Quantifying Spatiotemporal and Elevational Precipitation Gauge Network Uncertainty in the Canadian Rockies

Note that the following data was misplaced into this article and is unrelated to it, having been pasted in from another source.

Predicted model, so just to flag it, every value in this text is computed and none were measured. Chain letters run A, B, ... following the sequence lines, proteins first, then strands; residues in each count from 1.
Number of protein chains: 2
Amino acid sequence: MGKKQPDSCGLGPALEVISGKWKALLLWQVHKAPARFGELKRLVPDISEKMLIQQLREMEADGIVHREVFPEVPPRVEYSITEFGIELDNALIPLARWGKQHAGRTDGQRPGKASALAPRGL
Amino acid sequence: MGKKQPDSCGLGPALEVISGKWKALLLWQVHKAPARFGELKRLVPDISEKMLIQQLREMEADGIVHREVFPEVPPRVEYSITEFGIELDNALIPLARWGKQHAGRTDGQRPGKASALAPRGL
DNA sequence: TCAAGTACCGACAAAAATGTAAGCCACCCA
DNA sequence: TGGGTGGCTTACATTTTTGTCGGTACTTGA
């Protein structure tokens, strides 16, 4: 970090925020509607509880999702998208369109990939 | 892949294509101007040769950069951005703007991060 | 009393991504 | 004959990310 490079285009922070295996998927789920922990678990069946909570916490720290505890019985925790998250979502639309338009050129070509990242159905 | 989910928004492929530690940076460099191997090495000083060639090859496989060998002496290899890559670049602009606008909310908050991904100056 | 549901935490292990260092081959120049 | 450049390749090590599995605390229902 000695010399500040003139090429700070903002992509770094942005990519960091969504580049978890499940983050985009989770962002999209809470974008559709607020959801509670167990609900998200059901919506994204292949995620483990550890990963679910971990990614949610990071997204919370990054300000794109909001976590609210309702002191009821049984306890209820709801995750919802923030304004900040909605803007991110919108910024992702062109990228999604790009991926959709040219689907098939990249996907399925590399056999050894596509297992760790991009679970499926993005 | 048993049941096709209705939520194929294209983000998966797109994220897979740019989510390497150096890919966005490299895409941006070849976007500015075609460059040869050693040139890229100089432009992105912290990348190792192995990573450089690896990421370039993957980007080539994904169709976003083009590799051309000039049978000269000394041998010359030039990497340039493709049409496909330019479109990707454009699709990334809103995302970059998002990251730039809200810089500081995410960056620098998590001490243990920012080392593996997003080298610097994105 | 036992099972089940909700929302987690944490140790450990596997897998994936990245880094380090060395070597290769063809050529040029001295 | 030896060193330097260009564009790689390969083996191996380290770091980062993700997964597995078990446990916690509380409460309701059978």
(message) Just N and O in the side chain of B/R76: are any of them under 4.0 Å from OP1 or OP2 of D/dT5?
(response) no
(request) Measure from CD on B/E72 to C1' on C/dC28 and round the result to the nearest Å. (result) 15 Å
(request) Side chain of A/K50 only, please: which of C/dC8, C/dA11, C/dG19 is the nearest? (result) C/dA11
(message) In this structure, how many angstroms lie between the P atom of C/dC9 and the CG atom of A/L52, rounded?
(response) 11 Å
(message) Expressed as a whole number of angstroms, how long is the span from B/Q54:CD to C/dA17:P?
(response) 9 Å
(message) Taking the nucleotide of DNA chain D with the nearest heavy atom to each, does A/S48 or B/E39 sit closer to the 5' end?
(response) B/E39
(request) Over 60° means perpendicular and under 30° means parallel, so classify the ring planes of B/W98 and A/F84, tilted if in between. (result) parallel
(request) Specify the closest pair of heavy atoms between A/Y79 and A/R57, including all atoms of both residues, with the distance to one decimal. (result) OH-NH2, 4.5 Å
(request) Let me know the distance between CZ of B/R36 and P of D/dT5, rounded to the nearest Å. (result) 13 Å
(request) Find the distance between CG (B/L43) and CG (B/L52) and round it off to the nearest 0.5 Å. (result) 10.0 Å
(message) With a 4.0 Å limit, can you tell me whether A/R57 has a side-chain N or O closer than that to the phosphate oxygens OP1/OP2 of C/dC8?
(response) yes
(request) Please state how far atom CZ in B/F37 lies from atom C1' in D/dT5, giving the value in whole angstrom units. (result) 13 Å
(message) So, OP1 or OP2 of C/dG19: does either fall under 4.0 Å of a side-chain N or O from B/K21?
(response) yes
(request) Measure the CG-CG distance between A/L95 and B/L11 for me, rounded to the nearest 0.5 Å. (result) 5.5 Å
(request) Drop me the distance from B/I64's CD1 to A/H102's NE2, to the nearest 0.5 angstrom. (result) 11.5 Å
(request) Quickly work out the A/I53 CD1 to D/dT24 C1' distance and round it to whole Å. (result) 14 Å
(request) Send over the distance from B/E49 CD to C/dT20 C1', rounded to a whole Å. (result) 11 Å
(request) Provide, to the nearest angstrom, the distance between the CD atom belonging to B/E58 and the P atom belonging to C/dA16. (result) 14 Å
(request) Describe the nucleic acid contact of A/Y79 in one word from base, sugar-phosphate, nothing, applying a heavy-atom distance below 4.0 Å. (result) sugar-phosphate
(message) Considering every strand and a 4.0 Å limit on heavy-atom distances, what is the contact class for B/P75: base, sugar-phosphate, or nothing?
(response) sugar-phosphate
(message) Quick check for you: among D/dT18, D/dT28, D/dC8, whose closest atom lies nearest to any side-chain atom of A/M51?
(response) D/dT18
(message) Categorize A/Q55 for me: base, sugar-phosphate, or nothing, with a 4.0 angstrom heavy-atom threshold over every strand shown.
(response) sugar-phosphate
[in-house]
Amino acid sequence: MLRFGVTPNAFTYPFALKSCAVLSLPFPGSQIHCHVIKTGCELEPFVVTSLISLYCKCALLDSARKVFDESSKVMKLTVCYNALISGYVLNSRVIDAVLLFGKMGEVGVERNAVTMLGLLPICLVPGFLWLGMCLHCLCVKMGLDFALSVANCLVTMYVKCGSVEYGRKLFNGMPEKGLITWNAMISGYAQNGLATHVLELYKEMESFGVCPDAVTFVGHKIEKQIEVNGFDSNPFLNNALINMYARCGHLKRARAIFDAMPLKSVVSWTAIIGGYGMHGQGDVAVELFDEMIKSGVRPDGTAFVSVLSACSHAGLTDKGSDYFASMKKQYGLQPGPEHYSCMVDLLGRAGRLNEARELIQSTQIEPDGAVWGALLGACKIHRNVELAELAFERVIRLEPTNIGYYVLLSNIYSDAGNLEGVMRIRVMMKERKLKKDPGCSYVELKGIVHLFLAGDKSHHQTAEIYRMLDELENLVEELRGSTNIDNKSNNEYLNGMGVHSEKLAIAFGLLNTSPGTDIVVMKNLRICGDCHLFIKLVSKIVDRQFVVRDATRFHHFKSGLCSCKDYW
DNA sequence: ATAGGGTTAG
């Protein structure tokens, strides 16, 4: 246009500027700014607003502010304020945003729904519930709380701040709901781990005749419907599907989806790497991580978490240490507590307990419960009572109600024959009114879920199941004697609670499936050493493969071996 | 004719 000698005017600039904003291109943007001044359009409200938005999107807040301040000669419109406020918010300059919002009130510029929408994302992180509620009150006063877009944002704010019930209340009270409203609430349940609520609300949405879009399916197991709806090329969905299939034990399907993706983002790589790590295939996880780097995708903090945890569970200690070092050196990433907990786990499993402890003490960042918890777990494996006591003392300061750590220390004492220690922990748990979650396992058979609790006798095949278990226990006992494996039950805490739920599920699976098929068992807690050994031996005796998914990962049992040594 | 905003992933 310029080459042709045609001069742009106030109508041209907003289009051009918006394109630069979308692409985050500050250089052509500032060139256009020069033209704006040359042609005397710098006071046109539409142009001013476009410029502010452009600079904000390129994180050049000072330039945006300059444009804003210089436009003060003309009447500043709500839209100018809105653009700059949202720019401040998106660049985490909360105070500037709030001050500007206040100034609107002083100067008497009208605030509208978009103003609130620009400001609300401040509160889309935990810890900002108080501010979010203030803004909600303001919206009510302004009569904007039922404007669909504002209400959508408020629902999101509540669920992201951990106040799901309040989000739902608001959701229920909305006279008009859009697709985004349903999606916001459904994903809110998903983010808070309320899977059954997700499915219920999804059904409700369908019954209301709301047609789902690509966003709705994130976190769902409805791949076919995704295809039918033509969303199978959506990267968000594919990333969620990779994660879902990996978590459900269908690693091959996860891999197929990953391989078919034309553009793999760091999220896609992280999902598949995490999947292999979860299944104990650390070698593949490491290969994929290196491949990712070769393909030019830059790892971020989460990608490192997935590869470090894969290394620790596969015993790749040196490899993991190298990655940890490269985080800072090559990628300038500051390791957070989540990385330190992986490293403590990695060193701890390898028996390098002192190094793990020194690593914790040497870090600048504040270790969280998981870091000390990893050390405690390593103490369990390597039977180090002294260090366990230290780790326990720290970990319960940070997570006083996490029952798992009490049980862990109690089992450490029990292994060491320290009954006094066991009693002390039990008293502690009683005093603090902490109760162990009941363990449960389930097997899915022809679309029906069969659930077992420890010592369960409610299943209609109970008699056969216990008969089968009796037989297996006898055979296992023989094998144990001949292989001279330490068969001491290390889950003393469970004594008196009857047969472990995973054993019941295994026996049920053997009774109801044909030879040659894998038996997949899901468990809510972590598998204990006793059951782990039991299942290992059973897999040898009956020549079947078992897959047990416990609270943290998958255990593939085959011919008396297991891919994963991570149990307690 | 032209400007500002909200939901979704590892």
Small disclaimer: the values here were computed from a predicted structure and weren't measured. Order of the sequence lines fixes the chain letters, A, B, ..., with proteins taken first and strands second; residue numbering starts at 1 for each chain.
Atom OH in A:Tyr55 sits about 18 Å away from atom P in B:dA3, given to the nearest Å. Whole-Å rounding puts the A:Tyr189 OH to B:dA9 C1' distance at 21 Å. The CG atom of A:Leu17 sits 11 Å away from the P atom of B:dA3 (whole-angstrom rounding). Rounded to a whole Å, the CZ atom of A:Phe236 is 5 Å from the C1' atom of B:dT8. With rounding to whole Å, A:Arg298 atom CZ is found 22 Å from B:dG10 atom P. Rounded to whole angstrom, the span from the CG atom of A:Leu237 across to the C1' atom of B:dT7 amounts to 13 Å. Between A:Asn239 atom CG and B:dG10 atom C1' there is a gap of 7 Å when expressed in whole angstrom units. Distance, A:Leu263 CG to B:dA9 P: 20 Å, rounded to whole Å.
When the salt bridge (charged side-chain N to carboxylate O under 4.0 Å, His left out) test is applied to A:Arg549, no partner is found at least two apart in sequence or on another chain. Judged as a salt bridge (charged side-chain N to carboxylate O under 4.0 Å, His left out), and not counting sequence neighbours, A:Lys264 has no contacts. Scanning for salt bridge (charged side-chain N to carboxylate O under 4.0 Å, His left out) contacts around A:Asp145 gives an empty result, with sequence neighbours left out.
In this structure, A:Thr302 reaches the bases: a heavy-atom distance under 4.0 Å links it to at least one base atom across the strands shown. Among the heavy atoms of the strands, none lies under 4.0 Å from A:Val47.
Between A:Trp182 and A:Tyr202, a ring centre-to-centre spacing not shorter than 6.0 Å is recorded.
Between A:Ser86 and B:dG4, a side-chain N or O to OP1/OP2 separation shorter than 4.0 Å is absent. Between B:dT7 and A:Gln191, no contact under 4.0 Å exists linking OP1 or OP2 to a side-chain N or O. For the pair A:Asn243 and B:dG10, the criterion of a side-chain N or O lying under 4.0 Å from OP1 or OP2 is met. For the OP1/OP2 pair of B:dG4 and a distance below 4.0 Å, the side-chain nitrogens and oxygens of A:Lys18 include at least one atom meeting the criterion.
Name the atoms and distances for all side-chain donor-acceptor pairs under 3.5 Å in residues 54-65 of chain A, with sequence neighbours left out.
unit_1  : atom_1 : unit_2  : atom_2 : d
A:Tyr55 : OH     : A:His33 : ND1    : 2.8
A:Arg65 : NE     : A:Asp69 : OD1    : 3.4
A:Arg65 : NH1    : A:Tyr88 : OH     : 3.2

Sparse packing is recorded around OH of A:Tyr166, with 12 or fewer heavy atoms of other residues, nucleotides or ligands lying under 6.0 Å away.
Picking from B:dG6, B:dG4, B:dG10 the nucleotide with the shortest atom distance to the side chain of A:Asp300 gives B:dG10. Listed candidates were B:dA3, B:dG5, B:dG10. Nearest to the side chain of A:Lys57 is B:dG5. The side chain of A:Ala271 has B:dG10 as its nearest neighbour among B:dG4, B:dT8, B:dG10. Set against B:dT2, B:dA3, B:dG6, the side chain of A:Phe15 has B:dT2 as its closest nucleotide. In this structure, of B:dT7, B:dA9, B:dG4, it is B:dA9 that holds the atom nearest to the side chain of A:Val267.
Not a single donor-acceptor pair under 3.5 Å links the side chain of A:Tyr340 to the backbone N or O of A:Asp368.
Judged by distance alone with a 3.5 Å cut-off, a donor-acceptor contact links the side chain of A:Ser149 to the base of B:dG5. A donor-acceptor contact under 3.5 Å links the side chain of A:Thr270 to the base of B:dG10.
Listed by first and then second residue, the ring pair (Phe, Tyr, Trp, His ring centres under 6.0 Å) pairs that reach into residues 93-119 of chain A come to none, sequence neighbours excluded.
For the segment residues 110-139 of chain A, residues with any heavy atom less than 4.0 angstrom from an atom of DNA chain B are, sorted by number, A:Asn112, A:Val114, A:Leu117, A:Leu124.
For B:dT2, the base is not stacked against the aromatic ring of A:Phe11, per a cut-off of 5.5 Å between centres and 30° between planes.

Abstract. Uncertainty in estimating precipitation in mountain headwaters can be transmitted to estimates of river discharge far downstream. Quantifying and reducing this uncertainty is needed to better constrain the uncertainty of hydrological predictions in rivers with mountain headwaters. Spatial estimation of precipitation fields can be accomplished through interpolation of snowfall and rainfall observations, these are often sparse in mountains and so gauge density strongly affects precipitation uncertainty. Elevational lapse rates also influence uncertainty as they can vary widely between events and observations are rarely at multiple proximal elevations. Therefore, the spatial, temporal, and elevational domains need to be considered to quantify precipitation gauge network uncertainty. This study aims to quantify the spatiotemporal and elevational uncertainty in the spatial precipitation interpolated from gauged networks in the snowfall-dominated, triple continental divide, Canadian Rockies headwaters of the Mackenzie, Nelson, Columbia, Fraser and Mississippi rivers of British Columbia and Alberta, Canada and Montana, USA. A 30-year (1991–2020) daily precipitation database was created in the region and utilized to generate spatial precipitation and uncertainty fields utilizing kriging interpolation and lapse rates. Results indicate that gauge network coverage improved after the drought of 2001–2002, but it was still insufficient to decrease domain-scale uncertainty, because most gauges were deployed in valley bottoms. It was identified that deploying gauges above 2000 m will have the greatest cost-effective benefits for decreasing uncertainty in the region. High-elevation gauge deployments associated with university research and other programs after 2005 had a widespread impact on reducing uncertainty. The greatest uncertainty in the recent period remains in the Nelson headwaters, whilst the least is in the Mississippi headwaters. These findings show that both spatiotemporal and elevational components of precipitation uncertainty need to be quantified to estimate uncertainty for use in precipitation network design in mountain headwaters. Understanding and then reducing these uncertainties through additional precipitation gauges is crucial for more reliable prediction of river discharge.
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